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Bought a Cisco 1921 router without any additional modules. This is the first time I'm using a non-home router. What security features should I enable so that users are relatively safe when using the internet.

"Relatively safe" meaning the same level of default protection you get from a home router such as a Linksys.

  • Did any answer help you? if so, you should accept the answer so that the question doesn't keep popping up forever, looking for an answer. Alternatively, you could provide and accept your own answer. – Ron Maupin Aug 8 '17 at 9:22
3

The most basic license (read: cheapest) has only basic IP level functions. It'll do NAT and you can setup ACLs (filters), but there's no "firewall" or "IPS/IDS" (intrusion detection.) It this regard, it's the same as a $50 Linksys: you are "protected" by NAT. (which isn't real security)

2

Security in normal routers is minimal:

  • no NAT
  • flood protection (not all routers)

You could implement ACL's to determine the allowed ports but this isn't the holy grail.

doesn't cover:

  • intrusion prevention systems (ips)
  • intrusion detection systems (ids)
  • DDOS protection
  • proxy
  • ...

and many more.

2

You don't state if you have public or private addresses.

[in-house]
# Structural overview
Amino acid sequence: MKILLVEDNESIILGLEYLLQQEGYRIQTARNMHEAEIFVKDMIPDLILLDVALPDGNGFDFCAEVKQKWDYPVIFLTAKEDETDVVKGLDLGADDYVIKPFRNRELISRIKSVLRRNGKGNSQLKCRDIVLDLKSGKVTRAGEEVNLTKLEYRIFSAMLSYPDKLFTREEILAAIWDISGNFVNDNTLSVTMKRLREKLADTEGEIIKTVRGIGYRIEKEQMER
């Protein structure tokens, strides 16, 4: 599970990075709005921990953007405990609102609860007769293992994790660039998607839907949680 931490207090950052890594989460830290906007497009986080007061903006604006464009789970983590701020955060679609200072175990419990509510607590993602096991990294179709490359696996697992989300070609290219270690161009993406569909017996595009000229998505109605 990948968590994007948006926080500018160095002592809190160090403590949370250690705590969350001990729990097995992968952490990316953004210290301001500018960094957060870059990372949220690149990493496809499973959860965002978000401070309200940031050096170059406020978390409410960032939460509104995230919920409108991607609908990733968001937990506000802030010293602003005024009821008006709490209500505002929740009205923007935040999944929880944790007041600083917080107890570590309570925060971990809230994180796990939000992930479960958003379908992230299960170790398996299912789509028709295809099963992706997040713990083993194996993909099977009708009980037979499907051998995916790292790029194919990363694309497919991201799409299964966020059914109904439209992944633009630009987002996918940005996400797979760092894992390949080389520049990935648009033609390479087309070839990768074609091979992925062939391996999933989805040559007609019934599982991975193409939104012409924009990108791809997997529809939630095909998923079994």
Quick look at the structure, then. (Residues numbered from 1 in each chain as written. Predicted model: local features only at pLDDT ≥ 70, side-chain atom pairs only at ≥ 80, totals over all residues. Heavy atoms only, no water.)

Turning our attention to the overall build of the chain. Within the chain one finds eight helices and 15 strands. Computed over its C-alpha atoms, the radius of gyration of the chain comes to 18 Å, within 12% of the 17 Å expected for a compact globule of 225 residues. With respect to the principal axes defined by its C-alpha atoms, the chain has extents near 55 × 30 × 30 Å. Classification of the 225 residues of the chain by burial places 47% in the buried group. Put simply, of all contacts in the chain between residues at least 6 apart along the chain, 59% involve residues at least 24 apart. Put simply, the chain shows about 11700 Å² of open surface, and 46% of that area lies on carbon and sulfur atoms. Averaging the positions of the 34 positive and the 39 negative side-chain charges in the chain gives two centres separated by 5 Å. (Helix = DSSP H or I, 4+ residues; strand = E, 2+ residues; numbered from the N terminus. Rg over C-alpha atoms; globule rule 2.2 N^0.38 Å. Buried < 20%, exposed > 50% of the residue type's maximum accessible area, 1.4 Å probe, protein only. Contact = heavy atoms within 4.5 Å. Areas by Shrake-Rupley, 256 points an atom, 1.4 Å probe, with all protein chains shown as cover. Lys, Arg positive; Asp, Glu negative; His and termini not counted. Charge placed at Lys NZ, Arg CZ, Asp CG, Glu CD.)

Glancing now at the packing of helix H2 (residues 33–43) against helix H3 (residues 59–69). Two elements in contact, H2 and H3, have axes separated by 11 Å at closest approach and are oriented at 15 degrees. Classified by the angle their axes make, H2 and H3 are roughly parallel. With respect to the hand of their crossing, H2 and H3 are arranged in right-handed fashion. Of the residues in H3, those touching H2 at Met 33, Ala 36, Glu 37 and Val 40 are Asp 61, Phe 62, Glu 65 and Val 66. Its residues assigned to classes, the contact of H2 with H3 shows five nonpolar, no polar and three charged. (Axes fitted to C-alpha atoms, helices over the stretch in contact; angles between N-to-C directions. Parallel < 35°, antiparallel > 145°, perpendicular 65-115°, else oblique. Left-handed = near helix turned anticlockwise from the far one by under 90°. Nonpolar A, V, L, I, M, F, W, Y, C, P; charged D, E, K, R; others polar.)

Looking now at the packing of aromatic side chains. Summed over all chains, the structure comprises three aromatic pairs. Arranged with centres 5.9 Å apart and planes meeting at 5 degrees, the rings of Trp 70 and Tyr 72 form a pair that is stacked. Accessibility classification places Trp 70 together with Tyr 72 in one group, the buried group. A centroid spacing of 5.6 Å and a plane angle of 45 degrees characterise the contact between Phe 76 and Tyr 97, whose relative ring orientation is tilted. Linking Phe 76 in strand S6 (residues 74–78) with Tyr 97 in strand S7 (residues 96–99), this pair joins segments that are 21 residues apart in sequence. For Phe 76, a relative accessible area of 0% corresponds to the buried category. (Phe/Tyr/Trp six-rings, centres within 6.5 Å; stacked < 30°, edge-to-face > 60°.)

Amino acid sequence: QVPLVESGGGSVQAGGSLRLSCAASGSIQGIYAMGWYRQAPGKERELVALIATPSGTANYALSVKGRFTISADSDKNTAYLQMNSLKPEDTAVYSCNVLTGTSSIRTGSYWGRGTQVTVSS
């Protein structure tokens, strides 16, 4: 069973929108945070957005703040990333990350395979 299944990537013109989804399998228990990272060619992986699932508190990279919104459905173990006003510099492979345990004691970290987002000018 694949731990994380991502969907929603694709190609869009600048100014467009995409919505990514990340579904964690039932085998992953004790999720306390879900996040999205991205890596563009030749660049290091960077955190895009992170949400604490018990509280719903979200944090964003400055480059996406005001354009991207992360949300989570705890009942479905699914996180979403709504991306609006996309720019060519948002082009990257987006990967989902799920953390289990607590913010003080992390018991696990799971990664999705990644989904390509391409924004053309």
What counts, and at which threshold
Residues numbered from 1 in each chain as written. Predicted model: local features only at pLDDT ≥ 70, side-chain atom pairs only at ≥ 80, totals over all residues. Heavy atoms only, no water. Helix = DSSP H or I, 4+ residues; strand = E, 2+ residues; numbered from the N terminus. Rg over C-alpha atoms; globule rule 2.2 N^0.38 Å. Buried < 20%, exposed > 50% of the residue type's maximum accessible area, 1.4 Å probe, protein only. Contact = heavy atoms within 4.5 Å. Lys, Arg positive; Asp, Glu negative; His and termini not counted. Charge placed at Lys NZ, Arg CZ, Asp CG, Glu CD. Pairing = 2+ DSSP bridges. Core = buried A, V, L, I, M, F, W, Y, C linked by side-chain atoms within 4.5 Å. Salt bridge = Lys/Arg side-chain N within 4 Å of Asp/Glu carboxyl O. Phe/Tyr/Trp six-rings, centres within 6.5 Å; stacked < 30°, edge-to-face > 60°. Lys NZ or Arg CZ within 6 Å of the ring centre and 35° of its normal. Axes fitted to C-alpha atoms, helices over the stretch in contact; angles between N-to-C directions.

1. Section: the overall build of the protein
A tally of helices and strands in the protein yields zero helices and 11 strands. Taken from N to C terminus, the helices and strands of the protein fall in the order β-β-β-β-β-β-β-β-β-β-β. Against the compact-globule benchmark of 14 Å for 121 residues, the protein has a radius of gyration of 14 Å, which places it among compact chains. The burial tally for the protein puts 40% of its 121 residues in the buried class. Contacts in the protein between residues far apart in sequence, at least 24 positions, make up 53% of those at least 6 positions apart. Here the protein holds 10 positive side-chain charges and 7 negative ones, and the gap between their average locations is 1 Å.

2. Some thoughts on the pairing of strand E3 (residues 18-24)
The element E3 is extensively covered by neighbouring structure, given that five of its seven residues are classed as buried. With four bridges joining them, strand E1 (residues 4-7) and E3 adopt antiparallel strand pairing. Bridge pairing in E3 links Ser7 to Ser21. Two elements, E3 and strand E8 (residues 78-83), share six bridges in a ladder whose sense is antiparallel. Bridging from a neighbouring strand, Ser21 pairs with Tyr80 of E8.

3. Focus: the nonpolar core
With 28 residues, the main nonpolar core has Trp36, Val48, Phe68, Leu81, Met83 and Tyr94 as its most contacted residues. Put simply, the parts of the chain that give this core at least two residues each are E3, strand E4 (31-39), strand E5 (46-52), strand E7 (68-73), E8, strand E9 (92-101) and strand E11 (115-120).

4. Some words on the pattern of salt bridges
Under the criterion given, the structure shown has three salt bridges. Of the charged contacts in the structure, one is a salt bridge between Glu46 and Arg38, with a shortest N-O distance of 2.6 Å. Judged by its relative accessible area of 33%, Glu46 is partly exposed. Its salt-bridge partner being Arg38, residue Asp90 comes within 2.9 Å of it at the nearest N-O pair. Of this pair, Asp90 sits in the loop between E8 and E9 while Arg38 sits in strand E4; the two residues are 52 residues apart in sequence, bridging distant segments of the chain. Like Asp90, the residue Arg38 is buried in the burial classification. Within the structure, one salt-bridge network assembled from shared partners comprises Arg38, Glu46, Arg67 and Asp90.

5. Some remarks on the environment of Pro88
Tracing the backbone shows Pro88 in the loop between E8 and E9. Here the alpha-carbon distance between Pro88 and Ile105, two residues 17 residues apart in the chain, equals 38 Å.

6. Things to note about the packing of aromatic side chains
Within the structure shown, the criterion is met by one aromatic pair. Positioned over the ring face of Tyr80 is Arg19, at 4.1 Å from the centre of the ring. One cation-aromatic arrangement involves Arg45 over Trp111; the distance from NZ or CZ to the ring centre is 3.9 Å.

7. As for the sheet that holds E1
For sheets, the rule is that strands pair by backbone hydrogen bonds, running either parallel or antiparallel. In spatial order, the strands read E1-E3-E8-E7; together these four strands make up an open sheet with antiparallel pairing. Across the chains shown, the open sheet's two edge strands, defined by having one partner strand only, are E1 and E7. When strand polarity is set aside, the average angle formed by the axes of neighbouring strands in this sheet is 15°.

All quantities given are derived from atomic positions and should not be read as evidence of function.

Specifically 'same level of protection' as typical home user is NAPT, i.e. inbound connections are not possible unless equivalent outbound exists.

If you have private addresses you've already configured NAPT if the connection works, and you have equivalent security.

If you have public addresses you'd need to configure stateful firewall to get same level of security

ip inspect name DEFAULT udp
ip inspect name DEFAULT tcp
ip inspect name DEFAULT icmp
int WAN
  ip access-group DEFAULT in
  ip inspect DEFAULT out
!
ip access-list extended DEFAULT
  deny ip any any
!

Could work as a starting point. If you need to open up something inbound, add it to DEFAULT ACL, e.g. if you want to allow ssh in from world to given PC at home

ip access-list extended DEFAULT
  permit tcp any host MY_SERVER eq 22
  deny ip any any 
  • 2
    inspect is CBAC, and it requires Security license on the box. You can check if you have it using 'sh license' and activate it for the trial period as RTU solution. When you do it, you have whole set of things to configure including stateful inspection (CBAC or ZBFW, use ZBFW as it's more flexible and has L4-L7 protection capabilities). – Łukasz Bromirski May 22 '13 at 22:03
1

this is still a good guideline for securing Cisco equipment http://www.cisco.com/en/US/docs/ios/security/configuration/guide/12_4/sec_12_4_book.html

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